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2-min read

Limited Data on Household Income Puts Question Marks Over Congress Poll Pledge to Poor

The Congress has revealed the broad contours of its plan, but how it plans to identify families as beneficiaries remains a puzzle.

Rounak Kumar Gunjan | News18.com@Rounak_T

Updated:March 26, 2019, 7:42 PM IST
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Limited Data on Household Income Puts Question Marks Over Congress Poll Pledge to Poor
Congress chief Rahul Gandhi asserted that the scheme will be the final assault on poverty. (Photo: INC/Twitter)
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New Delhi: With less than a month to go for general elections, Congress president Rahul Gandhi unveiled his party’s biggest poll gambit on Monday by promising minimum income guarantee to the poorest 20 percent in India. However, how the party plans to identify families as beneficiaries still remains a puzzle.

The Congress has revealed the contours of the plan it promises to implement for India’s poorest if voted back to power in the upcoming Lok Sabha elections. According to the press brief on Monday, the Congress is offering Rs 72,000 per year to 5 crore poorest households.

Party leaders had earlier indicated that the scheme would be progressive in nature — that is, 20 percent of India’s poorest households would not receive a flat payment but would receive a specifically-tailored amount that would ensure they earn Rs 12,000 a month. So if one particular rural household made Rs 8,000 a month, it would receive a ‘top-up’ payment of Rs 4,000.

However, the plan read out on Monday had certain changes. Party data analytics head Praveen Chakravarty, in an interview to Business Standard, said that their research shows that almost every Indian household earns at least Rs 5,000 – Rs 6,000 a month as a collective family.

Therefore, the current details reveal that NYAY will make a flat payment of Rs 6,000 per month to all these families to make up for that gap. The money will be paid out in the form of direct bank transfers.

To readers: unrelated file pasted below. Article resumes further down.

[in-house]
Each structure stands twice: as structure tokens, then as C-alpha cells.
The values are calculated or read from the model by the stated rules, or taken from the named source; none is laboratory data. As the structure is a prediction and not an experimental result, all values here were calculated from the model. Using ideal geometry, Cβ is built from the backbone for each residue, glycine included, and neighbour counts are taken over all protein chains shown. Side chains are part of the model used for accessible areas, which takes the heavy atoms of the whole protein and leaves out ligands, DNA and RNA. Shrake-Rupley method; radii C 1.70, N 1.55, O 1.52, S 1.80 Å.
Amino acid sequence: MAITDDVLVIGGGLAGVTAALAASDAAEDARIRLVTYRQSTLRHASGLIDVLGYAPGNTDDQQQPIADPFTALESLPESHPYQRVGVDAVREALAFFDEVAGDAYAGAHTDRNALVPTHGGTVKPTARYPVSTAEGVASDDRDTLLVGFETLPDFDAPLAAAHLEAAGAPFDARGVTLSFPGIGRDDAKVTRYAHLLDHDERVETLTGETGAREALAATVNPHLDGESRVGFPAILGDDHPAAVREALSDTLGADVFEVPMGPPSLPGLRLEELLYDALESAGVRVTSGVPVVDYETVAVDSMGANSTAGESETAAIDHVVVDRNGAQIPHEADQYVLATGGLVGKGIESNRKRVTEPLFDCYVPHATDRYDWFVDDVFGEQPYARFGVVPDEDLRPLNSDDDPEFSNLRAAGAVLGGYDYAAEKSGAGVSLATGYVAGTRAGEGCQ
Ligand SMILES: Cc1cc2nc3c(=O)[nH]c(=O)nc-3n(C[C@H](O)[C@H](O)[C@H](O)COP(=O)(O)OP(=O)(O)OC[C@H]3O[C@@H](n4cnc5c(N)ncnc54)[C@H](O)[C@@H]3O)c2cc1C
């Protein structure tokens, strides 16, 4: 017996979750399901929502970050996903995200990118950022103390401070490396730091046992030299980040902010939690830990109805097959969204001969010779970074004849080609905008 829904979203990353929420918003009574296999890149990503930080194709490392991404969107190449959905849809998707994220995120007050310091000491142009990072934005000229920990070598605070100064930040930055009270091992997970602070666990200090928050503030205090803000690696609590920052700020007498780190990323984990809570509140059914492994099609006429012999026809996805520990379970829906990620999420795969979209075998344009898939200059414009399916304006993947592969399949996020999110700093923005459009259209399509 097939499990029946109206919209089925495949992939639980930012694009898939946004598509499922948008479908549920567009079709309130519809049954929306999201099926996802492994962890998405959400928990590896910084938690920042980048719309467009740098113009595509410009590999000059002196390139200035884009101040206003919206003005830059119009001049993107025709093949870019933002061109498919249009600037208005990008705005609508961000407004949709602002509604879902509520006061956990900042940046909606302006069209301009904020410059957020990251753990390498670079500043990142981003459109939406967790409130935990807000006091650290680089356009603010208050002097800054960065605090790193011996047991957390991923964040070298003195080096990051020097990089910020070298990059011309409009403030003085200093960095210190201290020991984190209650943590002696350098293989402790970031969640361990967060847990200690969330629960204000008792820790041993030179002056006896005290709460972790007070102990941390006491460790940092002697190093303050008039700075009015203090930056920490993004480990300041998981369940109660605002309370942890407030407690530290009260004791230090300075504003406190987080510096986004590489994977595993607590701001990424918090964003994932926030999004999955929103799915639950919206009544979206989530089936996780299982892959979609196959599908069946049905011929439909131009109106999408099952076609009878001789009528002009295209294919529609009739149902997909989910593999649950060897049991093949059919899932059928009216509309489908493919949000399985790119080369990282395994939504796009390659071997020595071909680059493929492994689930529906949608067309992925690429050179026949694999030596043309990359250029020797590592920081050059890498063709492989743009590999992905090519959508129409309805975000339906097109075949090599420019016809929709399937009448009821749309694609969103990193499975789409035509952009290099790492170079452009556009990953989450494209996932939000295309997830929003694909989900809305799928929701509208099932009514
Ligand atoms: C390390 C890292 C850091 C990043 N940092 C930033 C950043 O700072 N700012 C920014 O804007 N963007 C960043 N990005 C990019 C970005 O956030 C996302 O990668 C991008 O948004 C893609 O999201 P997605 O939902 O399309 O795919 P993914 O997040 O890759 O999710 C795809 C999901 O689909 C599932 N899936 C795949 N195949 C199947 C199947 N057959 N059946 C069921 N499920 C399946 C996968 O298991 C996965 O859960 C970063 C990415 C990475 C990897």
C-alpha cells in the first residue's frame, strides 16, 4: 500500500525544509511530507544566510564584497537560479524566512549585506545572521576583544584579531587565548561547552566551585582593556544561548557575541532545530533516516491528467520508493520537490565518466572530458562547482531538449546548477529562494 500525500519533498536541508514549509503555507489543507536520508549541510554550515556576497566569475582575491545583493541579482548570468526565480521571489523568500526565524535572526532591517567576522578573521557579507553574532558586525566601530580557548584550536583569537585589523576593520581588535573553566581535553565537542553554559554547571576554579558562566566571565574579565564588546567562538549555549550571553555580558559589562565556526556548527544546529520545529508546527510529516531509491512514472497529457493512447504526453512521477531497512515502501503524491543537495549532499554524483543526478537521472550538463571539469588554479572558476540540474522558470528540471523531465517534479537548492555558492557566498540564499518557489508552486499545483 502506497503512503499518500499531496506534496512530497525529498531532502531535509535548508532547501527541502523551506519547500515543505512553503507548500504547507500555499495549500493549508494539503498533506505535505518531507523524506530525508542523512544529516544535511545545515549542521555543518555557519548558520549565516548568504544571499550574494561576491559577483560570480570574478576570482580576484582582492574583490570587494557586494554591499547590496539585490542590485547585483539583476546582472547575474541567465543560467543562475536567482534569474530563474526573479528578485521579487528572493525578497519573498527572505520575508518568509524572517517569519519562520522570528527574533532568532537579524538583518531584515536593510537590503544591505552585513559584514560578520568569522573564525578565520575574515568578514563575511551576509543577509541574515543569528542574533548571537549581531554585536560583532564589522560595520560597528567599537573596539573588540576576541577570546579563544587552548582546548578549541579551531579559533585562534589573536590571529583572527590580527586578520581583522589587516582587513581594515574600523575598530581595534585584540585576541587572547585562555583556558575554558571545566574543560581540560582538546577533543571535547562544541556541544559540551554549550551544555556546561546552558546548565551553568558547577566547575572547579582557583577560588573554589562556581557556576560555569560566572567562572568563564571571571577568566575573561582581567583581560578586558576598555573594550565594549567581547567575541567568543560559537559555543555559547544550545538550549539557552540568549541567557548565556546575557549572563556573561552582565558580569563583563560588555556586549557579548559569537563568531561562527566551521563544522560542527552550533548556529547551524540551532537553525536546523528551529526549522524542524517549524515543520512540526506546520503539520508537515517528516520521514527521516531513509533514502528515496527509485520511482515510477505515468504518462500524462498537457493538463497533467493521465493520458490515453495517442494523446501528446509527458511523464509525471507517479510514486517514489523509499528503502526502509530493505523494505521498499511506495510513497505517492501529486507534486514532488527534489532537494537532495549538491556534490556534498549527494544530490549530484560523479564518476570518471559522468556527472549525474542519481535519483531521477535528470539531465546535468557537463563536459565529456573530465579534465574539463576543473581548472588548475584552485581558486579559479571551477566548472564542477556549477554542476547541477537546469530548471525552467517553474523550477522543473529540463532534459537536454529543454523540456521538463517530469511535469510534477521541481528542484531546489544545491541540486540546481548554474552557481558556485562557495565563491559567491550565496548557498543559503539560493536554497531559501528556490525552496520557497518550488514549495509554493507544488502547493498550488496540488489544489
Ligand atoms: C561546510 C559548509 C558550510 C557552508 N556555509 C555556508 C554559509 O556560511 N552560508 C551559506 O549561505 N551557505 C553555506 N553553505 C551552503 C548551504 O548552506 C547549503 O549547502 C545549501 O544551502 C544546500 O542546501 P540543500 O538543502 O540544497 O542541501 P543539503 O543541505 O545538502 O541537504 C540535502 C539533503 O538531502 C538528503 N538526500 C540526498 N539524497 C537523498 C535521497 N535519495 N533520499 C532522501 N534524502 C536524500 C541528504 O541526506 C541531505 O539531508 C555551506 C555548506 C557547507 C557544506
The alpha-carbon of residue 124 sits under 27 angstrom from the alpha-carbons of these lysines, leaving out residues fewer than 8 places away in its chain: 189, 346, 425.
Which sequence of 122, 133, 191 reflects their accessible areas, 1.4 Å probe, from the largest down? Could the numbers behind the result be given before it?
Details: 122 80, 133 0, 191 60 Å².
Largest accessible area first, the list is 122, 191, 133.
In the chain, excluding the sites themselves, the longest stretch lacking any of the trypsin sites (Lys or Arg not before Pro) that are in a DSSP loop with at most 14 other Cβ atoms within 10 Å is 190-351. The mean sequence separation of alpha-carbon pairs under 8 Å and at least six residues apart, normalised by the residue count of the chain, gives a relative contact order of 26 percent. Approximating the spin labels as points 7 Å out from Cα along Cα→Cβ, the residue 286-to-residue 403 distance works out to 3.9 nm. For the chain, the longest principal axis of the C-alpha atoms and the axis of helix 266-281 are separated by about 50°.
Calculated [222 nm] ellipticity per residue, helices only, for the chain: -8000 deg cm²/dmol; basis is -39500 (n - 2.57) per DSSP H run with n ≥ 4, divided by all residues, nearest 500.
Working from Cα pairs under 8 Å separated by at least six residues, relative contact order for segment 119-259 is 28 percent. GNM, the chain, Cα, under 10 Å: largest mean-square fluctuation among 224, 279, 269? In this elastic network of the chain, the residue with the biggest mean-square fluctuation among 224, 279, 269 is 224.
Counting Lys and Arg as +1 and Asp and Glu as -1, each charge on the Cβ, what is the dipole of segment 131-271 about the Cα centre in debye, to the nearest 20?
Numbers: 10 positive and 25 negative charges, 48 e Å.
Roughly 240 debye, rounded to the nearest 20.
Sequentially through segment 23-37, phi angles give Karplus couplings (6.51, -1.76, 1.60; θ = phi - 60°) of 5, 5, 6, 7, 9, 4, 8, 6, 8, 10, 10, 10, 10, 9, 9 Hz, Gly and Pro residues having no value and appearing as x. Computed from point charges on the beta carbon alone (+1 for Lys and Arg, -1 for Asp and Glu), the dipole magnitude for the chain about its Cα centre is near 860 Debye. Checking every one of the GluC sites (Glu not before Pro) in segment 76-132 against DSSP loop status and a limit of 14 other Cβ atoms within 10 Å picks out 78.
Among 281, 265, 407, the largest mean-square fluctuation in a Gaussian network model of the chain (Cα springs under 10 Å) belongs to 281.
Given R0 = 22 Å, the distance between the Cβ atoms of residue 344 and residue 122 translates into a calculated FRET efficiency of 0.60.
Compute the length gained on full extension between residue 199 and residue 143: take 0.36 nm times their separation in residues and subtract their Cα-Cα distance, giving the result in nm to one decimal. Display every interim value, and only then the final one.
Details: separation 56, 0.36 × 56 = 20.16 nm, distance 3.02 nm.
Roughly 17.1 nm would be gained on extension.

However, the data that can be used to identify household incomes are limited, or in most cases, too old to be used.

There are two broad official estimates of poverty: the Suresh Tendulkar poverty line, in 2009, which was criticised for being set too low at Rs 4,050 per household per month in rural areas and Rs 4,950 in urban areas.

It was reworked by the Rangarajan Committee in 2012. Neither poverty line, however, is now used for anti-poverty programmes. Rather, the government uses the Socio-Economic Caste Census (SECC).

The number of households targeted by the Congress closely approximates that of the Rangarajan poverty estimates. According to the Rangarajan panel, about 29.5 percent of Indian population (or 269 million people) are below the poverty line, which was revised to Rs 4,800 a month for a household of five in rural areas and Rs 7,050 a month for a household of five in urban areas.

“Household income data at the national level doesn’t exist. Such data do exist at the state level compiled by state statistical bureaus, which then have to be cleaned up by Central Statistics Office,” said economist Amitabh Kundu. People tend to underreport their incomes, he said.

The SECC data also has its drawbacks. Firstly, the last SECC survey was conducted in 2011, which makes it almost eight years old.

SECC was also initially used as a basis for identifying beneficiaries for PM Ujjwala scheme by the Bharatiya Janata Party (BJP). The Centre had to change their identifying mechanism because of increasing complaints of people either being left out in the survey or new entrants falling under the margin in the years that passed by.

The general consensus in India gravitates towards based on the World Bank’s poverty line benchmarks, which translated into Rs 893 per month, as of 2011-12. Updated calculations of the poverty line place it at Rs 1,311 per month as of 2017-18. Therefore, if Congress claims to alleviate all families out of poverty, (taking Rs 1,311 per month per person as the threshold income) an annual transfer of at least Rs 15,732 per person needs to be made. This is far from the Congress’s calculations.
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